Explore America's 11 Most Endangered Historic Places

This year’s list of America’s 11 Most Endangered Historic Places is our most diverse list ever. Several of the places on the 2015 list focus on chapters in our history that have sometimes been overlooked, reinforcing the message that preserving the full American experience means everyone has a seat at the table and that all voices are heard.


Since 1988, the National Trust has used its list of America's 11 Most Endangered Historic Places to raise awareness about the threats facing some of the nation's greatest treasures. The list, which has identified more than 250 sites to date, has been so successful in galvanizing preservation efforts that only a handful of sites have been lost.


Dozens of sites have been saved through the tireless work of the National Trust, its partners, and local preservationists across the country. Many more sites are now considered "favorable" and are on the path to a positive solution. Still, others remain threatened, and the National Trust and its partners continue in their efforts to protect these important endangered places. | Learn more about the list.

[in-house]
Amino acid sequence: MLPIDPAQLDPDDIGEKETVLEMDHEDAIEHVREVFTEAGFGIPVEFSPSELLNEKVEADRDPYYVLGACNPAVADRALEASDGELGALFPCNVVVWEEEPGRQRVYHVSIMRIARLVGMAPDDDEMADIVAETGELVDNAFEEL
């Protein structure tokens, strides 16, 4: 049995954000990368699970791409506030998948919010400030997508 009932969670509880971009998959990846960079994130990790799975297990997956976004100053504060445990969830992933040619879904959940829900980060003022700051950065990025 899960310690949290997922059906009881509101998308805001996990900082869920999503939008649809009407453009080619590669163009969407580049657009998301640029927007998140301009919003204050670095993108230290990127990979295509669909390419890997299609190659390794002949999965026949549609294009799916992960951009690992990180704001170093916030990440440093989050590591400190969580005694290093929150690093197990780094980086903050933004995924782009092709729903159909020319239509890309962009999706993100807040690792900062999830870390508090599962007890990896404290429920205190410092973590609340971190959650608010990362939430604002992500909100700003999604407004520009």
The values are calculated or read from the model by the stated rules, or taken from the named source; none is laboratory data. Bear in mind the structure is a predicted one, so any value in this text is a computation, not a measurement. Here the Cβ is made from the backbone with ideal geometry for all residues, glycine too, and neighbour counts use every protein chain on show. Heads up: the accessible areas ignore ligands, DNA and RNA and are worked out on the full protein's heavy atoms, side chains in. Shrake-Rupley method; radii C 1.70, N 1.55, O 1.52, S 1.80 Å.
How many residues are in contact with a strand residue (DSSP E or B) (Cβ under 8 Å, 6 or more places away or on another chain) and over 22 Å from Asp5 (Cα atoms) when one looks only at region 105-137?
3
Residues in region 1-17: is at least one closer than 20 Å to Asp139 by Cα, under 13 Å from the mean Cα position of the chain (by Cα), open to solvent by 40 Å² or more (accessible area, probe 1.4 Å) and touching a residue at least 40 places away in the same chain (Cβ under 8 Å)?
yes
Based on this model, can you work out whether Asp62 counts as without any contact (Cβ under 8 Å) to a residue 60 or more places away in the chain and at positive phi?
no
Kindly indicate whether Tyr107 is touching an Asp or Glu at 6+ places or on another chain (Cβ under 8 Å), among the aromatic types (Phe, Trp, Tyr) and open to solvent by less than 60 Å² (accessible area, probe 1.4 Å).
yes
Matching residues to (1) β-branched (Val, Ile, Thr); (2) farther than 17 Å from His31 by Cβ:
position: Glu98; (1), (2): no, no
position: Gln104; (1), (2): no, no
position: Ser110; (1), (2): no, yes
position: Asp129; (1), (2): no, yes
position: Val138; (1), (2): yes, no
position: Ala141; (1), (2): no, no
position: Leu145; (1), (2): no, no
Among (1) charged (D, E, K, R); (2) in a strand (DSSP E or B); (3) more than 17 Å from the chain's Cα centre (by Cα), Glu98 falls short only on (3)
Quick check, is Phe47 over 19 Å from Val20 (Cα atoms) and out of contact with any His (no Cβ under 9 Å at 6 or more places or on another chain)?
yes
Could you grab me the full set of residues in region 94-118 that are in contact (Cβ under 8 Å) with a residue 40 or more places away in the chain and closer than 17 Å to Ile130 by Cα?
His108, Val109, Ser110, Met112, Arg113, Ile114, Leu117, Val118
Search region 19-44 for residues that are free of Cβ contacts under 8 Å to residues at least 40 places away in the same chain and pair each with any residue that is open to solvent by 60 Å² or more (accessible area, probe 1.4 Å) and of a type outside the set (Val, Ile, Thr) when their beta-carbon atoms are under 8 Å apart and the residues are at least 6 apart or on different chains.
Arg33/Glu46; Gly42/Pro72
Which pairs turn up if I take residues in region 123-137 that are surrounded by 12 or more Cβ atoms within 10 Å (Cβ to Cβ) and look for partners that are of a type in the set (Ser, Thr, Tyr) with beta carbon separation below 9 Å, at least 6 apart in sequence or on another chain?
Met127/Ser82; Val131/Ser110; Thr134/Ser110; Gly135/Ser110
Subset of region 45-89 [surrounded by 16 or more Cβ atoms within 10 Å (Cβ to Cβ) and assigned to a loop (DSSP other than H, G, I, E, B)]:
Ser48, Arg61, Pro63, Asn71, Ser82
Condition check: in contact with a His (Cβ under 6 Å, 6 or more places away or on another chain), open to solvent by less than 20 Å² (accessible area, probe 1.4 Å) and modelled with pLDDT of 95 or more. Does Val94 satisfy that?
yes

Where would you save?

Speak up for the places you care about. Tell us about a special place that defines your community, connects you to your past, or simply has a hold on your heart.

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PHOTO CREDITS: A.G. Gaston Motel, by City of Birmingham Archives; Oak Flats, by Kevin Cassadore; The Factory, by Hunter Kerhart; Grand Canyon, courtesy Alan English; Forth Worth Stock Yards, by John Roberts; Old US Mint, by Sanfranman59 on Wikimedia Commons; East Point Historic Civic Block, by Halston Pitman; Little Havana, ©Steven Brooke Studios; Carrolton Courthouse, courtesy Louisiana Landmarks Society; South Street Seaport, Public Domain (LOC); Chautauqua Amphitheater, by Jay A. Reeve